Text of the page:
Mosquitoes bite male birds nearly twice as often as they bite females, a finding that may help scientists understand how to stem some viruses from spreading to humans, new University of Florida research shows.
In findings published online in Royal Society Open Science, UF entomology assistant professor Nathan Burkett-Cadena found mosquitoes bite male birds 64 percent of the time, compared to 36 percent for females.
This marks the first step for scientists to try to determine why mosquitoes bite men more often than women in some parts of the world and vice versa in other areas, said Burkett-Cadena, who is based at the Florida Medical Entomology Laboratory in Vero Beach.
Now that scientists know mosquitoes suck blood from male birds more than females, they can turn their research attention globally. For example, the human malaria parasite can be found five times more often in men than women in China, according to a 2009 study. Burkett-Cadena said using his method, researchers could investigate whether mosquitoes bite men more often than women and if that is the reason Chinese men are more often infected with malaria.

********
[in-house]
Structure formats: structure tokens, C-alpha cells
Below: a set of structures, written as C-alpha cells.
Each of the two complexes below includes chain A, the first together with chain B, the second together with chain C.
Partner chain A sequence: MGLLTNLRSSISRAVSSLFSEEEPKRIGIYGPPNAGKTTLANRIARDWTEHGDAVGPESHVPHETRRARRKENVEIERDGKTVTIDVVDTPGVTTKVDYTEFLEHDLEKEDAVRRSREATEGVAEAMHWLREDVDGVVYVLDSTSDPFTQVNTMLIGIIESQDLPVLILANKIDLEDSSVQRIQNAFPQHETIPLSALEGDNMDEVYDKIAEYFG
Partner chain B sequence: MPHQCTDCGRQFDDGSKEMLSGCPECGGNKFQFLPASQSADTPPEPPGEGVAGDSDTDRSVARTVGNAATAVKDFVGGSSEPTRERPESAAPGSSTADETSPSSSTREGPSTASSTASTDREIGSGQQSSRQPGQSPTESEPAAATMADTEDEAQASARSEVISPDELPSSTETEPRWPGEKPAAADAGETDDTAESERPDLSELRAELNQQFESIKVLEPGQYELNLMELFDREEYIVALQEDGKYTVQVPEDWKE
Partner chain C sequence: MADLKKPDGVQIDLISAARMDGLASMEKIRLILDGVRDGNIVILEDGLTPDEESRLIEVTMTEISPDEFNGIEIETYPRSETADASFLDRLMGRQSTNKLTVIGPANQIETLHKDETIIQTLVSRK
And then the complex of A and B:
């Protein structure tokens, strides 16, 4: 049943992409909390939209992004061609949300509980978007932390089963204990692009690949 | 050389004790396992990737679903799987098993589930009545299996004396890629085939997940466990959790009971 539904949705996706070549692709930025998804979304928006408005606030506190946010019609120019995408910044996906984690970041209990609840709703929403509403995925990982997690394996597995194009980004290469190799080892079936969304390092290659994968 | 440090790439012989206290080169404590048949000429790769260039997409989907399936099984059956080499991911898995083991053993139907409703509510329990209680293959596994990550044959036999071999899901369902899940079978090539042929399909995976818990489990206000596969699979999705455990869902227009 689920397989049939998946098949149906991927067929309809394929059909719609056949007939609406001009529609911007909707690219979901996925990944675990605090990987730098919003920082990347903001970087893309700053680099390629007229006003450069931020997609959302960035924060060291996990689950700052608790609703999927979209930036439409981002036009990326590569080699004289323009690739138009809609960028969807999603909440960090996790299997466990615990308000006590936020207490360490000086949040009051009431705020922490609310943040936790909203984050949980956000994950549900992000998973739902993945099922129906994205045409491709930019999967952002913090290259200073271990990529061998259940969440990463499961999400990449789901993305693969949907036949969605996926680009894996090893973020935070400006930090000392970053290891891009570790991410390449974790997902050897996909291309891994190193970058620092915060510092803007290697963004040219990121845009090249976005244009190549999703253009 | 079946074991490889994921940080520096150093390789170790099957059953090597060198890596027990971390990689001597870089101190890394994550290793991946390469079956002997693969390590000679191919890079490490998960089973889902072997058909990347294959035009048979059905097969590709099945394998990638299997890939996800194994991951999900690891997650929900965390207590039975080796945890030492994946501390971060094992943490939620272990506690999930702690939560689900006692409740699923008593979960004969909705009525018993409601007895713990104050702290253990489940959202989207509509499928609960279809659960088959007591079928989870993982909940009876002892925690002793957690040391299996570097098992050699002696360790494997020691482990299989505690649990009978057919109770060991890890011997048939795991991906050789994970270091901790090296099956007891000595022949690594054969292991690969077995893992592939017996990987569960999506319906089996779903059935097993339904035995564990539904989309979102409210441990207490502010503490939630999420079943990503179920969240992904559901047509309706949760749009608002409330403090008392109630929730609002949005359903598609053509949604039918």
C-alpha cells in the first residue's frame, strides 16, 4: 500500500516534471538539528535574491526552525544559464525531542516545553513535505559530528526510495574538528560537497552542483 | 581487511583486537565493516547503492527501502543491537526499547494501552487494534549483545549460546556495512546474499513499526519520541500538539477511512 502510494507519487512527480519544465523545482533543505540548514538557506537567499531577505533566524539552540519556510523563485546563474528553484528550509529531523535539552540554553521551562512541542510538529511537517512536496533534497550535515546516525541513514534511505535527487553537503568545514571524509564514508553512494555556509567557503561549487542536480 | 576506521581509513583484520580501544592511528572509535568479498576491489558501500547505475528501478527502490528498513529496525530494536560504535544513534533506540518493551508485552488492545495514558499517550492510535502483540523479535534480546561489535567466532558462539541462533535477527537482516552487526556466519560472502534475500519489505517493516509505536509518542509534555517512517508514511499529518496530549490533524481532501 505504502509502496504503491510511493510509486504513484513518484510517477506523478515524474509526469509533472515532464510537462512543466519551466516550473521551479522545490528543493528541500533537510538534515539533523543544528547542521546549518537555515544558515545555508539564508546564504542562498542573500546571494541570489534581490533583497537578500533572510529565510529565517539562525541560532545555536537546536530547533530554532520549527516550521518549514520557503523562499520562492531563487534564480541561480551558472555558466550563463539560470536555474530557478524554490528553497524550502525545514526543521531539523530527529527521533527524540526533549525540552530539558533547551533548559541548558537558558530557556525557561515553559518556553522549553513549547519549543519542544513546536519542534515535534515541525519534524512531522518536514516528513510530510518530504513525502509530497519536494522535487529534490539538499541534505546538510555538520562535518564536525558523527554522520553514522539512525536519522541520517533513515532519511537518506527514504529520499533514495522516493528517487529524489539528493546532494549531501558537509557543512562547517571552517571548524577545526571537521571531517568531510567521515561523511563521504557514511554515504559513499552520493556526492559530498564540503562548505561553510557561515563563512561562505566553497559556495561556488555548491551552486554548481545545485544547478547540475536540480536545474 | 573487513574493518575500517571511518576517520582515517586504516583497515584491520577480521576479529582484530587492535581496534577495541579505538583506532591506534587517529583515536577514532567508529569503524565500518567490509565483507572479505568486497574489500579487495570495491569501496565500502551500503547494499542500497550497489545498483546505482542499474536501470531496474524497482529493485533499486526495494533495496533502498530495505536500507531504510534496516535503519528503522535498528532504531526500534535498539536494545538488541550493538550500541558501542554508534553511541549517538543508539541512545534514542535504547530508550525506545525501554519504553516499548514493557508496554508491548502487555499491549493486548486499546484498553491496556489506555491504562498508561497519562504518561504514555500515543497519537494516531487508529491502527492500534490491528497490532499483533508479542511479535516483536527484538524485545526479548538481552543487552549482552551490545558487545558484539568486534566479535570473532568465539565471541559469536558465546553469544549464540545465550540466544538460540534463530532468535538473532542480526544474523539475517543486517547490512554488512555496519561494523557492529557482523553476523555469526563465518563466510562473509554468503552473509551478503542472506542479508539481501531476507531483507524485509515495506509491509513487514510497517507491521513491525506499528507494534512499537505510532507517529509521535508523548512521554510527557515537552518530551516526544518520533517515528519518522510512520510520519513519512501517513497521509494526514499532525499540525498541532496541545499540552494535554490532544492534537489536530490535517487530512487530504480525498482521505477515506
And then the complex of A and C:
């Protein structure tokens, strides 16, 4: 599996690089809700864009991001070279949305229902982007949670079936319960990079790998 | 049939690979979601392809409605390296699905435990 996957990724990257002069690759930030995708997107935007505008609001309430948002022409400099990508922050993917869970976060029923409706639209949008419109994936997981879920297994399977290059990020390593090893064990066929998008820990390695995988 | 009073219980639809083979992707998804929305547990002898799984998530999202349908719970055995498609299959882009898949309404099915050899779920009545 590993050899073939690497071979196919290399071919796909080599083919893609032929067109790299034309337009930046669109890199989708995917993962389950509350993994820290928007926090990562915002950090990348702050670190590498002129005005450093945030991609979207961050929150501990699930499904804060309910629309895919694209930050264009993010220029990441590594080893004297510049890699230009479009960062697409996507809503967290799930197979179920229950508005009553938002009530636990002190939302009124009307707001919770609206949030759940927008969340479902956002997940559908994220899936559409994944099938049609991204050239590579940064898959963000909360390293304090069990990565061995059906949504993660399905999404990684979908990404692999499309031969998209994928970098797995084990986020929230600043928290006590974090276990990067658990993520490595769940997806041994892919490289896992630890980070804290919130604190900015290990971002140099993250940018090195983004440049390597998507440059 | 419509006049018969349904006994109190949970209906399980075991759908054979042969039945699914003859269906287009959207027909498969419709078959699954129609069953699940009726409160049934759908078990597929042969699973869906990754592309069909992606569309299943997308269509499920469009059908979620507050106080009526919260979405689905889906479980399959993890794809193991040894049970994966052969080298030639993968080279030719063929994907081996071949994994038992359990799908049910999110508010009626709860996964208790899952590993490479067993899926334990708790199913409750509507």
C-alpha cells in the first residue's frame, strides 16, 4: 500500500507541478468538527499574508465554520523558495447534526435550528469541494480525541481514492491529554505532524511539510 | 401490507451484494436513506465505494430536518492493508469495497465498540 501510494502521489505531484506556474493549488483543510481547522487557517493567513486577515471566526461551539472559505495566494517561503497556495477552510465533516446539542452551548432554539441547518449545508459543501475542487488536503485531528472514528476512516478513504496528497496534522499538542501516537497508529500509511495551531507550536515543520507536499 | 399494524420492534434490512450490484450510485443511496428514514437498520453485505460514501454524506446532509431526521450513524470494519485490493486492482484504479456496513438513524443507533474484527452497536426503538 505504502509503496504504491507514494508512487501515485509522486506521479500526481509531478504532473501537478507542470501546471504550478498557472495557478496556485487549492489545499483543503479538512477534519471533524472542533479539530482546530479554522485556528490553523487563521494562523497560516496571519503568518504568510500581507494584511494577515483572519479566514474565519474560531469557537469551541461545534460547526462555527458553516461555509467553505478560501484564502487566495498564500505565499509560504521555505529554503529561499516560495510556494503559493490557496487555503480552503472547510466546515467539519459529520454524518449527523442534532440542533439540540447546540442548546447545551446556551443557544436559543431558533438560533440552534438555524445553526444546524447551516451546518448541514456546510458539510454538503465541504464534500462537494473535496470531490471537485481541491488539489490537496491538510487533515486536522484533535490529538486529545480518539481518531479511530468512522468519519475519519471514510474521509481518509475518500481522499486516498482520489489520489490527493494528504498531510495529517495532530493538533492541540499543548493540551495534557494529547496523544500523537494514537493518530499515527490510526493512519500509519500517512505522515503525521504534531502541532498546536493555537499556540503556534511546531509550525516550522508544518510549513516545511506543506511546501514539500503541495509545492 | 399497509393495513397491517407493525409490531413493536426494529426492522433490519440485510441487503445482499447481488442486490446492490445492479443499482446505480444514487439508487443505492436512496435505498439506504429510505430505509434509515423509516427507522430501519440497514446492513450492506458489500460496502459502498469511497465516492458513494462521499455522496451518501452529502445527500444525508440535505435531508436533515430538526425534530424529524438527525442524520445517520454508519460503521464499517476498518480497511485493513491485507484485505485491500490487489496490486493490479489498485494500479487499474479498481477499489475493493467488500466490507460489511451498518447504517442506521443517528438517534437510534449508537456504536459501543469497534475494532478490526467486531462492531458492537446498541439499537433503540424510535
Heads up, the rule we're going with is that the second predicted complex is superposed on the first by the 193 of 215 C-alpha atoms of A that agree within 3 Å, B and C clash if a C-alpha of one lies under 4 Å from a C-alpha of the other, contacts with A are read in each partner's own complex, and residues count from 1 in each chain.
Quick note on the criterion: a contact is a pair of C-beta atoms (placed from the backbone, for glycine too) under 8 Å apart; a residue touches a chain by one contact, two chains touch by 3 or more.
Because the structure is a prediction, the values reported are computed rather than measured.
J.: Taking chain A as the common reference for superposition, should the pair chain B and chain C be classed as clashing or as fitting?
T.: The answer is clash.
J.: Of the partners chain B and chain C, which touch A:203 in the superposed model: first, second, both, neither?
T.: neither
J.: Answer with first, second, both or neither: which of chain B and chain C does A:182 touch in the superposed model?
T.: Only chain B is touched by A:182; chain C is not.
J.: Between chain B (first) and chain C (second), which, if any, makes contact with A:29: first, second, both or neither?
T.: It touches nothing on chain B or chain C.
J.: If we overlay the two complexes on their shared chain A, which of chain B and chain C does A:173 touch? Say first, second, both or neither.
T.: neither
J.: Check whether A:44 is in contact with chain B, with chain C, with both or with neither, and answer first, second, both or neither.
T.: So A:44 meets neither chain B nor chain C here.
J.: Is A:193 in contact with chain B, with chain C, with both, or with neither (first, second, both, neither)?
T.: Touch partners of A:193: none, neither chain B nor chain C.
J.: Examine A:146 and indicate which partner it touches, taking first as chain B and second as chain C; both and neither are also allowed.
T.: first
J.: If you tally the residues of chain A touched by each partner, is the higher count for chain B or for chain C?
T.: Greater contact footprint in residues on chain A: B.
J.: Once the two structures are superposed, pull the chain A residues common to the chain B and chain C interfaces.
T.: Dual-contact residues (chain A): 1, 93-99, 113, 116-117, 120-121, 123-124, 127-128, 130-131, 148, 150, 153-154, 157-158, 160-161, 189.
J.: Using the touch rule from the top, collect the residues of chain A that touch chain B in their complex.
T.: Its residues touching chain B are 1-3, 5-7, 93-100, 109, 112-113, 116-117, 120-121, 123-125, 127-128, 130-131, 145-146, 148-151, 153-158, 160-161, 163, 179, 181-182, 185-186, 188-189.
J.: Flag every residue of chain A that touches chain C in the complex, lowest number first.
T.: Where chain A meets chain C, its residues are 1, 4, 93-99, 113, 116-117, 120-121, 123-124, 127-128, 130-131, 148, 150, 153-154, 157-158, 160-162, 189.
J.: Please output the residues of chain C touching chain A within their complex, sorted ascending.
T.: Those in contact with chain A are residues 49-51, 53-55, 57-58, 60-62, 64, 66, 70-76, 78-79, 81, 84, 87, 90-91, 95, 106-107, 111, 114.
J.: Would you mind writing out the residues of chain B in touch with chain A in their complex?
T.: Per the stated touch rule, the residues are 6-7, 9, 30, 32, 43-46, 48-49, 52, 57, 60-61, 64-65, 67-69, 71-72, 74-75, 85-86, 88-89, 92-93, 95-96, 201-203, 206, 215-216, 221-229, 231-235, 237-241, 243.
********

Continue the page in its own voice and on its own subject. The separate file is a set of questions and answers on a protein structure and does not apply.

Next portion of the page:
“What if some behavior men are engaging in is exposing them more to mosquitoes?” he said. “It’s not that mosquitoes prefer to feed on men, but it’s probably something men are doing. Are they working or relaxing outside while women are inside, taking care of the household? If men and women are engaging in different activities that cause them to be bitten by mosquitoes more or less often, then perhaps people can alter their behaviors to reduce their chances of contracting a deadly disease.”